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BRAZIL AGREES TO RESOLUTION FRAMEWORK IN COTTON DISPUTE Brazil’s Ministers last week chose to support a framework in the South American country’s ongoing cotton dispute with the United States, avoiding the imposition of more than $800 million in countermeasures against U.S. exports and intellectual property, some of which were scheduled to go into effect on June 21. The dispute centered on government payment and loan programs available to U.S. farmers, specifically the marketing loan and countercyclical payment programs and the GSM-102 Export Credit Guarantee Program. The framework calls for a limit on cotton subsidies and outlines changes to be made to the GSM-102 program. Under the framework, which the office of United States Trade Representative Ron Kirk anticipates signing soon, the two countries would meet quarterly to discuss related provisions in the 2012 farm bill as that legislation is being developed. Ambassador Kirk said the framework respects the role of Congress in the formation of the next farm bill while at the same time allowing the two countries to work toward a permanent resolution in the cotton dispute. In April, representatives from Kirk’s office met with Brazilian officials and worked out a plan for the U.S. to provide $147.3 million per year in funding for technical assistance and capacity building programs for Brazilian cotton producers. The U.S. at that time also agreed to make changes to the Export Credit Guarantee Program. On May 27, Rep. Jeff Flake (R-Ariz.) introduced HR 5439, which would reduce the Direct Payment rate for upland cotton producers by $147.3 million to offset the assistance to Brazilian producers. Rep. Barney Frank (D-Mass.) agreed to cosponsor the bill, which was referred to the House Committee on Agriculture. USDA RELEASES FINAL DRAFT OF CROP INSURANCE PLAN The United States Department of Agriculture (USDA) released the final draft of the Standard Reinsurance Agreement (SRA) with the nation's crop insurance industry in what Ag Secretary Tom Vilsack referred to as “doing our part” at reducing the national deficit. The 2008 farm bill authorized the USDA’s Risk Management Agency (RMA) to renegotiate the SRA effective for the 2011 crop year. Vilsack said the plan will save the federal government $6 billion over 10 years, $4 billion of which would go toward deficit reduction. The remaining $2 billion will be invested in expansion of the Pasture, Rangeland, and Forage program, as well as providing a performance discount or refund for qualified producers; increasing Conservation Reserve Program (CRP) acreage to the maximum authorized level of 32 million acres and investing in other CRP programs. The final draft agreement removes windfall government payments based on commodity price spikes by limiting the administrative and operating payments. It also lowered the average long-term return for crop insurance companies to 14.5 percent. The RMA will increase the return in underserved states to provide additional incentives for companies to sell policies in those states. For more information about the new crop insurance plan, visit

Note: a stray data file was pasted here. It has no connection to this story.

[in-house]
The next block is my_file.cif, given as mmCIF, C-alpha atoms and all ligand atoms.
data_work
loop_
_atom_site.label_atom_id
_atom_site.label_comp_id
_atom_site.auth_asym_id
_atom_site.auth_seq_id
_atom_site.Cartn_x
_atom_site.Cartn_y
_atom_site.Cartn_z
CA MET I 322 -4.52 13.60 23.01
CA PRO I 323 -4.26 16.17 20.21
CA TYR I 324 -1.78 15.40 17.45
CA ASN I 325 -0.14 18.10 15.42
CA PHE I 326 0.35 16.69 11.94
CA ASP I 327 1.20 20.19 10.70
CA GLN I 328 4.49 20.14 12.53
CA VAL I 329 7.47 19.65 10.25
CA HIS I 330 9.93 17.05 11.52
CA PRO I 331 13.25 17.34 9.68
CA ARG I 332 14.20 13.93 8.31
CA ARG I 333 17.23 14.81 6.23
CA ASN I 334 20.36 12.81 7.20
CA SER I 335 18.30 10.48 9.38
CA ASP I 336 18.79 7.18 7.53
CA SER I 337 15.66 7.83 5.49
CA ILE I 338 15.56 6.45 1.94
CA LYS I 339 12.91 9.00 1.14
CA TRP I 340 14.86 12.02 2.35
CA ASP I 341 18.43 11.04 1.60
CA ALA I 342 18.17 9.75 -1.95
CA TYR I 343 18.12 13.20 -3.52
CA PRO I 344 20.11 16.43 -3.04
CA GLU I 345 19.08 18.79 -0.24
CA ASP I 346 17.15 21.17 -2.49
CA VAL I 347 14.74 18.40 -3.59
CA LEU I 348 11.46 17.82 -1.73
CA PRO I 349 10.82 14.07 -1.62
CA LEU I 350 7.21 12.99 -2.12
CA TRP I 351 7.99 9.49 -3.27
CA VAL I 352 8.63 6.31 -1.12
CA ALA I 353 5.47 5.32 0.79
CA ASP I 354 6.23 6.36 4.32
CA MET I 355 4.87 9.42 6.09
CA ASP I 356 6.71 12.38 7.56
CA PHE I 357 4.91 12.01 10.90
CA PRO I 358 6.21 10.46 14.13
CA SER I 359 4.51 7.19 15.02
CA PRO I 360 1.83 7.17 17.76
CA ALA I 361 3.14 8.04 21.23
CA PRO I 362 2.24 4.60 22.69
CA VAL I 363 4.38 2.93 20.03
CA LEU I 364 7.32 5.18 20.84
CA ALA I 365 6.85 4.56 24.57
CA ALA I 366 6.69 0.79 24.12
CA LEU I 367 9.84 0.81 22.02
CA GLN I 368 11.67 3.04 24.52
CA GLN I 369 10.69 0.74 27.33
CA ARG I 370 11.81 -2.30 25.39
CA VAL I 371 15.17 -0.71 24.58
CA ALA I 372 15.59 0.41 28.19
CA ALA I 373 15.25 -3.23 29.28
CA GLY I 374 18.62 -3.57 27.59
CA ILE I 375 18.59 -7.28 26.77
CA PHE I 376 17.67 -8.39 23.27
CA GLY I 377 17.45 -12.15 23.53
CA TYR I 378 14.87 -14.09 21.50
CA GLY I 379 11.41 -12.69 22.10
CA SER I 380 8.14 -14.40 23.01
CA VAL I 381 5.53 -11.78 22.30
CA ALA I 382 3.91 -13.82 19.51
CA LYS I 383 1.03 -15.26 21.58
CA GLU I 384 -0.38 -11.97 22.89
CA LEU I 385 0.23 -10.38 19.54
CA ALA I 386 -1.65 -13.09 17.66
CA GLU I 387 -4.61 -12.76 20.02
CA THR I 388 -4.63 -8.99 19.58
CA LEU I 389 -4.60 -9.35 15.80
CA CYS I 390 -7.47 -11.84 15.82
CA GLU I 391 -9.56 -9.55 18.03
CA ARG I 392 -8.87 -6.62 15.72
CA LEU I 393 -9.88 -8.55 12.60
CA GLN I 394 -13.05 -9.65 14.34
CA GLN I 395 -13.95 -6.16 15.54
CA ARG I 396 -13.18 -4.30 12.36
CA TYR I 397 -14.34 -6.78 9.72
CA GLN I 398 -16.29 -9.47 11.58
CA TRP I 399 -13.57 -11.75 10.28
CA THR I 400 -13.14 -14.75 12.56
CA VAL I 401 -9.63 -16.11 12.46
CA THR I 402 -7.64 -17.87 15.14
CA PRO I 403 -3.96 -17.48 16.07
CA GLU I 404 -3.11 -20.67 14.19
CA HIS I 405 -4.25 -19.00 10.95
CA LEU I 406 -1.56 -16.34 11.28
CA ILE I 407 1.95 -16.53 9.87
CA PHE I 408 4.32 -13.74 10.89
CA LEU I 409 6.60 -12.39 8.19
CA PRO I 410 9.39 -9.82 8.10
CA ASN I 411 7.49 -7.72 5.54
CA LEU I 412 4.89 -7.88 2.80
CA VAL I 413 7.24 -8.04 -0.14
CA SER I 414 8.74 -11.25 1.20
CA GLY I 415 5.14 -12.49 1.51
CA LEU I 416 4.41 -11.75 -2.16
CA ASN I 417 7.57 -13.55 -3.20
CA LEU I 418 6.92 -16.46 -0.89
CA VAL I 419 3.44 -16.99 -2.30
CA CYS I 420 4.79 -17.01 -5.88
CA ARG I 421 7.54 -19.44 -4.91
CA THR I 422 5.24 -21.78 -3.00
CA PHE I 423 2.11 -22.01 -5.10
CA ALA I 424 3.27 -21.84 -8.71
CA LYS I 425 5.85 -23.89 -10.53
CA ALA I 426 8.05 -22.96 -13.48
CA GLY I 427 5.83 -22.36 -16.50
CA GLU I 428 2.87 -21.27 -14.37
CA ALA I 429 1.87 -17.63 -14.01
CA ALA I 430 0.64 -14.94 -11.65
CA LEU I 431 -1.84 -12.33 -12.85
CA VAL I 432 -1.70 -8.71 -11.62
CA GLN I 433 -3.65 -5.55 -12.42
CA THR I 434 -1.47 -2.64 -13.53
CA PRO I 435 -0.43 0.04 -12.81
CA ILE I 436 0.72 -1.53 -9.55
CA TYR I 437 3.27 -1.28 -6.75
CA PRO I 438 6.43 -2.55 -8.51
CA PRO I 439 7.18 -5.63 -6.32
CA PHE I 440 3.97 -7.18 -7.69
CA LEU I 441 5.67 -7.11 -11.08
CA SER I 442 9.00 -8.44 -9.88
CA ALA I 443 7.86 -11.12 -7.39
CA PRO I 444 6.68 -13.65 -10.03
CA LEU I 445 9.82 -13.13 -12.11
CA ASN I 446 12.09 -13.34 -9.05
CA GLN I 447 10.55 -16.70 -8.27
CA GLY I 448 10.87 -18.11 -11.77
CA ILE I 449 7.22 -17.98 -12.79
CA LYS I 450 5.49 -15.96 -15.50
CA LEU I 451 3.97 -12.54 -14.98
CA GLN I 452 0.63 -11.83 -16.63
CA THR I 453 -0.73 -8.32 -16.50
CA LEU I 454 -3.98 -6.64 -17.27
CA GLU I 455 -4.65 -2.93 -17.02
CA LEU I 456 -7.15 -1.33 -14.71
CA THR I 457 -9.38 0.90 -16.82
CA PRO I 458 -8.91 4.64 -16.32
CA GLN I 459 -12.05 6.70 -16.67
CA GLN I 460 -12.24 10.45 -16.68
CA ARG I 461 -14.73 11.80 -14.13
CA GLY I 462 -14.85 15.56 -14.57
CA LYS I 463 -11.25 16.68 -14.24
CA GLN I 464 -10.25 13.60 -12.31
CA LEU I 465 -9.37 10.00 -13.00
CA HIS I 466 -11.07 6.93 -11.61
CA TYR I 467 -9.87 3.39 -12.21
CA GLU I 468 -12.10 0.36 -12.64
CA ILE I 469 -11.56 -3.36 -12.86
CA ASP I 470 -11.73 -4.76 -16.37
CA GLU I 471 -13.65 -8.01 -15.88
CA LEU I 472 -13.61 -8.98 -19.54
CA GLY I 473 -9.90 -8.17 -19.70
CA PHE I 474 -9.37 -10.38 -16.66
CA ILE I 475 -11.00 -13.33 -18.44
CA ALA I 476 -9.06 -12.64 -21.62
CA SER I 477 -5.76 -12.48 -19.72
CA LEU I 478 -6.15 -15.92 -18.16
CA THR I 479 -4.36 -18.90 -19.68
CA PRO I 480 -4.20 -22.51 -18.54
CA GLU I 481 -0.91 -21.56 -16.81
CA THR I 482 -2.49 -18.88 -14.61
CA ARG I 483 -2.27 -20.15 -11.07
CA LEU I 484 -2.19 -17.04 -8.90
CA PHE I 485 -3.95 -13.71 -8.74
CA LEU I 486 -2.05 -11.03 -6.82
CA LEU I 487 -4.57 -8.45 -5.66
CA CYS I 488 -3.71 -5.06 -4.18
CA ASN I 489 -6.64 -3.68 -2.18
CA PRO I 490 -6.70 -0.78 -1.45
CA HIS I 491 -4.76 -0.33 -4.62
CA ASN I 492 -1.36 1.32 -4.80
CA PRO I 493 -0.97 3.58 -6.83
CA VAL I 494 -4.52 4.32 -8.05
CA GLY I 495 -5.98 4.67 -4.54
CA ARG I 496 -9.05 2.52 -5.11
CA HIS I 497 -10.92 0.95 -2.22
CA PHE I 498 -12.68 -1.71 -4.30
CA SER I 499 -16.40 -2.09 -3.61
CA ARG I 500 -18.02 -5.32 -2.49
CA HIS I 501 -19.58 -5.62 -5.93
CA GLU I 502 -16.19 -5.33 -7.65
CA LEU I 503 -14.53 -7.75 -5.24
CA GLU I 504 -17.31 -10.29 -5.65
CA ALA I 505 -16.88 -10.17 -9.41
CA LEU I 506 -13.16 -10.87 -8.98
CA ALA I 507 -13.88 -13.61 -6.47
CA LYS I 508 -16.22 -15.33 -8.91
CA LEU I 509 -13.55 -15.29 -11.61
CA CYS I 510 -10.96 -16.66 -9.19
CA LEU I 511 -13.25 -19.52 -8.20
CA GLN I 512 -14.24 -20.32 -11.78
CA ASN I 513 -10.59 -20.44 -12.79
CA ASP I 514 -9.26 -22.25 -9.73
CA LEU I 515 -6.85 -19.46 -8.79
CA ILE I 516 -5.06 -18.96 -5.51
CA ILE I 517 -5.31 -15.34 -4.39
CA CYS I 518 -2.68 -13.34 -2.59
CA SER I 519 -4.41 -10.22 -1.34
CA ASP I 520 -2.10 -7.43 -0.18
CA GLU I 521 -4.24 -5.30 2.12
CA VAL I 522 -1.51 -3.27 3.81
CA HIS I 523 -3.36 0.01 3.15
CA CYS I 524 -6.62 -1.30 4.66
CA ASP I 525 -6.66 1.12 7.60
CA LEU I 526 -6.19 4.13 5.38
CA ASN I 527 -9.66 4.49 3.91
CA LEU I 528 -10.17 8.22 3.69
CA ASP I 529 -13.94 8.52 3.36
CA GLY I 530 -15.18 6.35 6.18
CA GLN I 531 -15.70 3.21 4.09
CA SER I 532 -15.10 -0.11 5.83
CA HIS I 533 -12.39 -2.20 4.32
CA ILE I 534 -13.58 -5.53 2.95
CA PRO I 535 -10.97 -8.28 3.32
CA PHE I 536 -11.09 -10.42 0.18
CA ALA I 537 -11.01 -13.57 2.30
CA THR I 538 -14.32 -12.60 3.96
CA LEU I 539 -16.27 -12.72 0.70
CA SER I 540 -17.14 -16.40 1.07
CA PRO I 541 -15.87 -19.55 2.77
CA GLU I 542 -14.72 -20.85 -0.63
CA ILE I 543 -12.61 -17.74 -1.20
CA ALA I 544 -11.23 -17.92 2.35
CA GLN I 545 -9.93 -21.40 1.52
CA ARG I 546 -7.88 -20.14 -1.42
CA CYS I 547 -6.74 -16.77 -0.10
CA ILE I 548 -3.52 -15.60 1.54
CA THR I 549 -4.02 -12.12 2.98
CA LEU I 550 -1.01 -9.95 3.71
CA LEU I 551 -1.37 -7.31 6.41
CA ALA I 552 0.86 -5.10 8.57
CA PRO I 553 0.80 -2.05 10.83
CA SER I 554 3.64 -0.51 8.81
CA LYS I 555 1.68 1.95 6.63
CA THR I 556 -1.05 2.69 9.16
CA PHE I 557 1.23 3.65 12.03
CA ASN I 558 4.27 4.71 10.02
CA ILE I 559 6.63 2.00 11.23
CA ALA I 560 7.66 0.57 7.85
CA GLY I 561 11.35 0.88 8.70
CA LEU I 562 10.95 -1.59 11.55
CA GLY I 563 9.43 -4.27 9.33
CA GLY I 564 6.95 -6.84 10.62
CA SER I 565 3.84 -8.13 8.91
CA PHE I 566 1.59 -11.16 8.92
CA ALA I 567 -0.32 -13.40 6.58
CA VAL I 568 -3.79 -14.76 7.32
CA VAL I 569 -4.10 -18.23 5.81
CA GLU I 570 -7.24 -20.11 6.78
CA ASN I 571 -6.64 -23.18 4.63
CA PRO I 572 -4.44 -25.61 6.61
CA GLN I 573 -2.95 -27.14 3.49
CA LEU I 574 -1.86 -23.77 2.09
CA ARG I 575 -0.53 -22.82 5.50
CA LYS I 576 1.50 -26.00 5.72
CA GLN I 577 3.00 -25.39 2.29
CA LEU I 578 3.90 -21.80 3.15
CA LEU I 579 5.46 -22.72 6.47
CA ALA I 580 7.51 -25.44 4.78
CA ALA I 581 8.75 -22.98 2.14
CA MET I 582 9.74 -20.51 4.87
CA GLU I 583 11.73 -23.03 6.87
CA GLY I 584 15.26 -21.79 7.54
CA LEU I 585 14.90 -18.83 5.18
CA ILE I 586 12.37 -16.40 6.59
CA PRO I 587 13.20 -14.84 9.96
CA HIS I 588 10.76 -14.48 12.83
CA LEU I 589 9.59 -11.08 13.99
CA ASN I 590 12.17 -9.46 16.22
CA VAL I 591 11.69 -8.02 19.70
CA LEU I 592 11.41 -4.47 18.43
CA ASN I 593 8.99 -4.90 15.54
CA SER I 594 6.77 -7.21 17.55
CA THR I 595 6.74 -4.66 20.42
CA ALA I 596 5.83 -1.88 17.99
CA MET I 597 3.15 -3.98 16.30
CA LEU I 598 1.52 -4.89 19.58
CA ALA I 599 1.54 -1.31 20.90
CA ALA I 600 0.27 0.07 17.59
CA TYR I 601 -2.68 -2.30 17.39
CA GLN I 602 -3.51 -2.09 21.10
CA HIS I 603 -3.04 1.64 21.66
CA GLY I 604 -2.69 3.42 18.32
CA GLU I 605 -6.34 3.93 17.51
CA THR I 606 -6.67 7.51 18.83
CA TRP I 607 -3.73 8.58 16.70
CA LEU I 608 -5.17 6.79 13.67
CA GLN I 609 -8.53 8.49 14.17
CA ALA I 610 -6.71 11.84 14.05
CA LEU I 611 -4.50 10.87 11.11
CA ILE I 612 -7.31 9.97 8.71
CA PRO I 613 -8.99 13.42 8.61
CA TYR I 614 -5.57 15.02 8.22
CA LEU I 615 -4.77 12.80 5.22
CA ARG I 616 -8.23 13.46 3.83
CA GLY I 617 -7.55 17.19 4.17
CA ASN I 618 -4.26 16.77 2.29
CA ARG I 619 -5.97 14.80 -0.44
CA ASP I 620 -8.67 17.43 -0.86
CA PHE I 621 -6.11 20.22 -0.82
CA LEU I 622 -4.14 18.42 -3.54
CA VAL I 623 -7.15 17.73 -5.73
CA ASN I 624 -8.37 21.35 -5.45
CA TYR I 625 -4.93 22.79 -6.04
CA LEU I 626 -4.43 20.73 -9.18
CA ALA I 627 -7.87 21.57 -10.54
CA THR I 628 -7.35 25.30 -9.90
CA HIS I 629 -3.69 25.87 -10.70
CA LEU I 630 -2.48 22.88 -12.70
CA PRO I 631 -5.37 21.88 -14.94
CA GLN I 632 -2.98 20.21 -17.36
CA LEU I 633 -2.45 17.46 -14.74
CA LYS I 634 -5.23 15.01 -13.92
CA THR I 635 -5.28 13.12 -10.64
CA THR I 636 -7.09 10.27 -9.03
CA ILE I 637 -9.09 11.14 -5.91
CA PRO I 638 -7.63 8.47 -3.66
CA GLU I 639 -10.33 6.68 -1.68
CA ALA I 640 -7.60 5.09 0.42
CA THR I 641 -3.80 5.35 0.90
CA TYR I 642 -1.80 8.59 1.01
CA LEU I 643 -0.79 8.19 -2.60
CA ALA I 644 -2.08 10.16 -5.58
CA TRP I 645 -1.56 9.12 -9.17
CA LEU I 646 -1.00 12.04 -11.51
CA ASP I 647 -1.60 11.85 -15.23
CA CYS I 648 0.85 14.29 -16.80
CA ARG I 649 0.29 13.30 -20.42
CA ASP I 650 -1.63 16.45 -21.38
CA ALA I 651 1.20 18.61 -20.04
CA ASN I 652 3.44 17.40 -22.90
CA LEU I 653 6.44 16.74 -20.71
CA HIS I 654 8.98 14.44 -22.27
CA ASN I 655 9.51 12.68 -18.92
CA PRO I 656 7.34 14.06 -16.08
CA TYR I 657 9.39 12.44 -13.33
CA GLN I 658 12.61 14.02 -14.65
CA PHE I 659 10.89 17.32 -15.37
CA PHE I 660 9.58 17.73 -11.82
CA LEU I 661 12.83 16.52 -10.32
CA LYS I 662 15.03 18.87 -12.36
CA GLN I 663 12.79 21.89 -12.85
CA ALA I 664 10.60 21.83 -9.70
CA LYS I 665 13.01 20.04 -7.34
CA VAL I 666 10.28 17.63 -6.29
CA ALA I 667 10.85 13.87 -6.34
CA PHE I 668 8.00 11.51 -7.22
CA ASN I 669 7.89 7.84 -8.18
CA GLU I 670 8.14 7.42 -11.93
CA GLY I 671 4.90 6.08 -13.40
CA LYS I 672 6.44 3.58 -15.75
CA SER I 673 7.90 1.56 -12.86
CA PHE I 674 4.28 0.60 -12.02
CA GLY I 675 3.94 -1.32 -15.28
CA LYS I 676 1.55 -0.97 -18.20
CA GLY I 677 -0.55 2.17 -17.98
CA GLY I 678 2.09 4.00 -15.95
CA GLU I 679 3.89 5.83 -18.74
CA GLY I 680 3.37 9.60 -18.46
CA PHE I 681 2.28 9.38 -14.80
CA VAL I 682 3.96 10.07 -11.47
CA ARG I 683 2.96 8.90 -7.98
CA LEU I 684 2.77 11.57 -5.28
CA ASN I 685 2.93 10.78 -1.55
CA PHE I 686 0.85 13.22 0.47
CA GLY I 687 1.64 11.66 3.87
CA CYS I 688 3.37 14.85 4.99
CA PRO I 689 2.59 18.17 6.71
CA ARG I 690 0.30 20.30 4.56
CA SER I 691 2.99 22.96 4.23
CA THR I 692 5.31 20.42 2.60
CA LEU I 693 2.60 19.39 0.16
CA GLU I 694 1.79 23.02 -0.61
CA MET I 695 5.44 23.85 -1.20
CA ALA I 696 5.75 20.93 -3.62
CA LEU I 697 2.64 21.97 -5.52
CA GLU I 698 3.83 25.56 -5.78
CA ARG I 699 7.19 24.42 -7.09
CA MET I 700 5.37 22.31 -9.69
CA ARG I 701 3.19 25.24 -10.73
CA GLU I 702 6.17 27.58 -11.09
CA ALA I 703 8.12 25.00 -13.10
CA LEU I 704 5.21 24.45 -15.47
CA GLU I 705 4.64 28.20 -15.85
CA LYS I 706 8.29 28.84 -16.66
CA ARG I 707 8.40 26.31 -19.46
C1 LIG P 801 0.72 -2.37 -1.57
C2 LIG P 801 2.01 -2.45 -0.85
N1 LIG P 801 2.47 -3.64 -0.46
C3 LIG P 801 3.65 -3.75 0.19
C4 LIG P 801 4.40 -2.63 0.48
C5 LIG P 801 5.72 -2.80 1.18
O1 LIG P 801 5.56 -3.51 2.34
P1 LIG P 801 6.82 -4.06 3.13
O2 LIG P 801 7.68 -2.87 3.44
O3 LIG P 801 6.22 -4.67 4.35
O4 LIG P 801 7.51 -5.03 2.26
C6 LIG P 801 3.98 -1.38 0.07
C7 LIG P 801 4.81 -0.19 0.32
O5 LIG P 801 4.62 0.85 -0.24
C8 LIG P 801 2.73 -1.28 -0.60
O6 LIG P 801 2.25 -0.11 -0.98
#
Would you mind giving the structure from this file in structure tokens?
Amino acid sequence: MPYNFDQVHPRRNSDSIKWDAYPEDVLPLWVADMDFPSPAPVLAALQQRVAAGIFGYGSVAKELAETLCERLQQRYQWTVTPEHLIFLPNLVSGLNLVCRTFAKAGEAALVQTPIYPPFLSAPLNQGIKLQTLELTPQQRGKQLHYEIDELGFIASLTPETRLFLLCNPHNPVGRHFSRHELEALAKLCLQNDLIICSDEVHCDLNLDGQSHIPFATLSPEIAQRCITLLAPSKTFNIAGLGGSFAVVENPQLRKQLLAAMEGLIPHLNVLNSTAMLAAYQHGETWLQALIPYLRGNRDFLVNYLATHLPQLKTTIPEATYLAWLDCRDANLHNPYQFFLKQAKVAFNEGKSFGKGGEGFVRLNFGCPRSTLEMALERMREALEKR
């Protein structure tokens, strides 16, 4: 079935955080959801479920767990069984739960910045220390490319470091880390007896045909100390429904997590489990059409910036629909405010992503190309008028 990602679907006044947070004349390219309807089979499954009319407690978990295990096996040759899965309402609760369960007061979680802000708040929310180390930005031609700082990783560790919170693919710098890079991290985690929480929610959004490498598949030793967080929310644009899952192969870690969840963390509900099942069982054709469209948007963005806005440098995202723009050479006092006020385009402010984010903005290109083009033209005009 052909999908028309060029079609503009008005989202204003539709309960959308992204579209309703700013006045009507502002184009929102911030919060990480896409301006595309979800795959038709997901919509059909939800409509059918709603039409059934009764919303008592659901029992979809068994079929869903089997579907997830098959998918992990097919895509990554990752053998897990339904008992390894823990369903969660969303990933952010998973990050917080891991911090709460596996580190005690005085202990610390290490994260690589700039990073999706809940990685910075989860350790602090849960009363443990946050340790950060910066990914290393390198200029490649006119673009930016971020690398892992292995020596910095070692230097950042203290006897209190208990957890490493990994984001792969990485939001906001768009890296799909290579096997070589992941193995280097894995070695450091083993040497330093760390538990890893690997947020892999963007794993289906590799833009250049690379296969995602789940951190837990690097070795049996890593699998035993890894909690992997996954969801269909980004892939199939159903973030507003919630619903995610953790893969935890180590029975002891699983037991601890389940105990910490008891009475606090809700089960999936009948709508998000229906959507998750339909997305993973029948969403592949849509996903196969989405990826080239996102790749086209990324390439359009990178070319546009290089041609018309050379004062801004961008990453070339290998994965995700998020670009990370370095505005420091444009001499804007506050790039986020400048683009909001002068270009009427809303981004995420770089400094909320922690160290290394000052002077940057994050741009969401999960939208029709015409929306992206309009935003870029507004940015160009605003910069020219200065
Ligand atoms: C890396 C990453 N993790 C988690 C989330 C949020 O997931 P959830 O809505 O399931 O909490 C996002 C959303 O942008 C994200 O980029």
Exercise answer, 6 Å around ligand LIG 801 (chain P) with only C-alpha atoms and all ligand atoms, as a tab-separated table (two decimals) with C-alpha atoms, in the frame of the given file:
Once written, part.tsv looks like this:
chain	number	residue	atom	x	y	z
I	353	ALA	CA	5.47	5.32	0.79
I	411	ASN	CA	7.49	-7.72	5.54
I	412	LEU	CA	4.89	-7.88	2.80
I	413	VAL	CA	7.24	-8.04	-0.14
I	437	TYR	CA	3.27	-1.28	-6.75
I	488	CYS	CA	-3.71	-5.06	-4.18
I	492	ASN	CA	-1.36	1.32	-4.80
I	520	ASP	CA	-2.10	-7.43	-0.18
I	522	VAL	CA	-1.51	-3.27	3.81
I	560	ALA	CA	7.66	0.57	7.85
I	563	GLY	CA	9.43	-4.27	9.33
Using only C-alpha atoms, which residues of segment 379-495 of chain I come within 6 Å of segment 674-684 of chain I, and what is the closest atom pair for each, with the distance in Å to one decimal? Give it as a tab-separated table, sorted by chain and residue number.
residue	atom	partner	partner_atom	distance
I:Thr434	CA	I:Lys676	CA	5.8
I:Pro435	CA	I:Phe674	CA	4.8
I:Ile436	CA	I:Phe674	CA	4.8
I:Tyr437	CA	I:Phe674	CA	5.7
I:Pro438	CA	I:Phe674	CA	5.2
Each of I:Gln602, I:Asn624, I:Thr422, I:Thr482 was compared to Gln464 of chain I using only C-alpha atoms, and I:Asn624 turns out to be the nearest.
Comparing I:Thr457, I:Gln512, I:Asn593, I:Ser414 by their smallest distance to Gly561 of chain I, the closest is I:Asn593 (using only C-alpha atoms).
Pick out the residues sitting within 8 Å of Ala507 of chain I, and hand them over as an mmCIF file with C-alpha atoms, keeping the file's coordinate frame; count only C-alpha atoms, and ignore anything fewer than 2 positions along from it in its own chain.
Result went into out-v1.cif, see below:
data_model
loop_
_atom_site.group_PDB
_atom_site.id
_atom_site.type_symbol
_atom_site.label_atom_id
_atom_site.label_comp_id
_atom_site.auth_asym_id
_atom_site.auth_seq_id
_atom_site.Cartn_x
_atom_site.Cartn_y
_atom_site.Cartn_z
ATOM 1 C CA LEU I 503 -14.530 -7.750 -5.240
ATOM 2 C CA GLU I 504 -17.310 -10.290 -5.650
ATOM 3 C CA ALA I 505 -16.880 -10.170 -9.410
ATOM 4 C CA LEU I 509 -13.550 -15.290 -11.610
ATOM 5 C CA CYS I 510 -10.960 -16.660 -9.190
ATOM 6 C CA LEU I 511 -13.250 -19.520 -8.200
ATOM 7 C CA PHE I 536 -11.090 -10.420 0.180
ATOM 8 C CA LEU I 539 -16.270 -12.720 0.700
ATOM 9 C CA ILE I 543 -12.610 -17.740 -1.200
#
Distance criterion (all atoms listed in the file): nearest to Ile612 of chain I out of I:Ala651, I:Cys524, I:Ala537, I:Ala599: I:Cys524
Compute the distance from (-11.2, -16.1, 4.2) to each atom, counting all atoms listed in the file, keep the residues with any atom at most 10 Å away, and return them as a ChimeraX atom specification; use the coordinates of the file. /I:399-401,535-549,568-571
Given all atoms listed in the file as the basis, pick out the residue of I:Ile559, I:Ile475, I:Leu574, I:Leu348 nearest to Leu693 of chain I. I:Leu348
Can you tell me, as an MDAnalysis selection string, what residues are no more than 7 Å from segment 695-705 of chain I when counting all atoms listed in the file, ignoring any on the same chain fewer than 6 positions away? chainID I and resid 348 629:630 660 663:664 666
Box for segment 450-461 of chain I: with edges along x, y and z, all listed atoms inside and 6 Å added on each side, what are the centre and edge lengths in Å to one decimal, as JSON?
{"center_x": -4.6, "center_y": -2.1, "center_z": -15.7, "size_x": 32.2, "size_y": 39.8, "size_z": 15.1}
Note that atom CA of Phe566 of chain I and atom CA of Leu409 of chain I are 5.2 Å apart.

Leadership Alert page 4 of 4 UPCOMING EVENTS STRIPLING IRRIGATION RESEARCH PARK FIELD DAY June 29 Stripling Irrigation Research Park Camilla This free annual event begins at 8:30 a.m. and includes field tours of research and extension projects, a presentation from Richard Royal, chair of the Lower Flint-Ochlockonee Water Planning Council and from UGA College of Agricultural & Environmental Sciences administrators. A free lunch will be provided beginning at noon. Contact Heather Hunter with the Stripling Park at or 229-5223623. VOTE FOR GEORGIA IN THE GREAT PEANUT DEBATE Through June 29 Online The “Great American Peanut Debate� is a competition to see which state has the best peanuts. Voting ends at 5:00 p.m. on June 29, and the state receiving the most votes will be awarded a trophy at the annual Congressional Baseball Game on that day. Get everyone you know to vote for Georgia Peanuts! Cast your vote at 2010 SUNBELT AG EXPO FIELD DAY July 8 Spence Field Moultrie Field tours for this annual event begin at 8:30 a.m., but visitors are encouraged to arrive early. Attendees who register by 8:15 a.m. will be entered in an early bird drawing for $100. More than 140 varieties of cotton, peanuts, corn, soybeans and grain sorghum from 25 companies will be on display. The field day will also feature plots of energy grasses and the latest pesticide and irrigation technology research. Certified crop advisor credits will be given for attending the event. Lunch will be served around noon. Visit or call 229-985-1968 for more information. GFB AG IN THE CLASSROOM PLU COURSE July 13-15 FFA/FCCLA Camp Covington July 19-21 GFB Headquarters Macon This fun three-day course, which runs from 8:30 a.m. to 4:30 p.m. each day and is matched to state standards provides two Professional Learning Units for teachers upon completion. It gives teachers a variety of classroom resources. Cost is $39 and includes lunches. To register, contact Donna Rocker at or 800-898-1911, ext. 5365.

Georgia Farm Bureau's Leadership Alert - June 23, 2010  

Georgia Farm Bureau's Leadership Alert - June 23, 2010